Canada’s economy lost more than one million jobs in March, Statistics Canada said Thursday, pushing the jobless rate up to 7.8 per cent.
Economists had been expecting the figure to come it at around 500,000 jobs lost, which already would have been the worst month for job losses on record.
Every month, the data agency surveys Canadians over the course of a single week.
March’s data is culled from surveys in the week that started March 15 — a tumultuous week for Canadian society, as within seven days Canadians went from planning March break vacations to sheltering in place and businesses across the country locked themselves down to try to contain the spread of COVID-19.
According to Statistics Canada, 19.2 million Canadians had paid work in February.
But March’s data shows that more than one million of them no longer did the following month.
And the true employment picture is likely even worse. The data agency notes that on top of the one million people who became unemployed during the month, another 1.3 million Canadians worked no paid hours because of lockdowns but technically still considered themselves to have jobs.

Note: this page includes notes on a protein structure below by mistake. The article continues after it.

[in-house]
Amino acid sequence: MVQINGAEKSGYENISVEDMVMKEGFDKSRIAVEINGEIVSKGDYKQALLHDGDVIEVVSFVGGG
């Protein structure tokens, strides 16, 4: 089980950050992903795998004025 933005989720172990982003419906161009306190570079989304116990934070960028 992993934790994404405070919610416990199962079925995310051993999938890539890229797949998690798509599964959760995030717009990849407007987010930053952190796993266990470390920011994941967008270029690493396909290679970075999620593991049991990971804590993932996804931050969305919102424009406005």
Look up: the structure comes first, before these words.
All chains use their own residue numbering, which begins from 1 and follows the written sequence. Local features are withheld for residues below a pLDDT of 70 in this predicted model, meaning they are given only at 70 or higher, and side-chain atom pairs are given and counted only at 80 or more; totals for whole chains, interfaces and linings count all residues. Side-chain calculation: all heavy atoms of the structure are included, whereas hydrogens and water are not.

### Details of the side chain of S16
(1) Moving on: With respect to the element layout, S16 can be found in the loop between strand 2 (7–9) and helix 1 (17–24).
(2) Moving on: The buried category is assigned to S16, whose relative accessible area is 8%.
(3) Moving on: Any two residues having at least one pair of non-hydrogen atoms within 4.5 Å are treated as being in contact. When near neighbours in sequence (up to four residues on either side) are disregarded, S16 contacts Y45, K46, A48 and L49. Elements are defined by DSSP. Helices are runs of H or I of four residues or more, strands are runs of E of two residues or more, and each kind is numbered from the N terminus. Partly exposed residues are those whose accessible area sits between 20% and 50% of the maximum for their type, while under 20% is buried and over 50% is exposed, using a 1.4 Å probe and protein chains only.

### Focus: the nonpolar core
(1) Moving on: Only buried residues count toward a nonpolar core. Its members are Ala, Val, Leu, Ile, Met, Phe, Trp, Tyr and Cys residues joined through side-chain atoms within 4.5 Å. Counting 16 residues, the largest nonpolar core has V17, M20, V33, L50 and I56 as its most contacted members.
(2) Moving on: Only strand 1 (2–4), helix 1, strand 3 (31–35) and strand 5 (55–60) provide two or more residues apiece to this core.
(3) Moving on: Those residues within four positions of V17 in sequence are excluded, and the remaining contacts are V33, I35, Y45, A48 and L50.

Another 800,000 Canadians worked less than half of their usual workload.
Biggest spike in jobless rate in 44 years
The huge plunge in paid work caused the jobless rate to move up by 2.2 percentage points, to 7.8 per cent. That’s the biggest monthly increase in the jobless rate in records that date back to 1976.
Statistics Canada says the closest comparable sudden decline in economic activity and employment was likely the ice storm of 1998 that saw businesses in Ontario and Quebec suddenly and temporarily close up show.
The ice storm caused 166,000 people in Canada to temporarily lose all or most of their paid work. March’s number was eight times higher than that.
“Today’s numbers are just a first snapshot of the deep-freeze that’s hit the Canadian labour market,” said Brendon Bernard, an economist at online job marketplace Indeed.
“After a month of social distancing, a colossal drop in Canadian employment comes as no surprise, but its steepness is still shocking”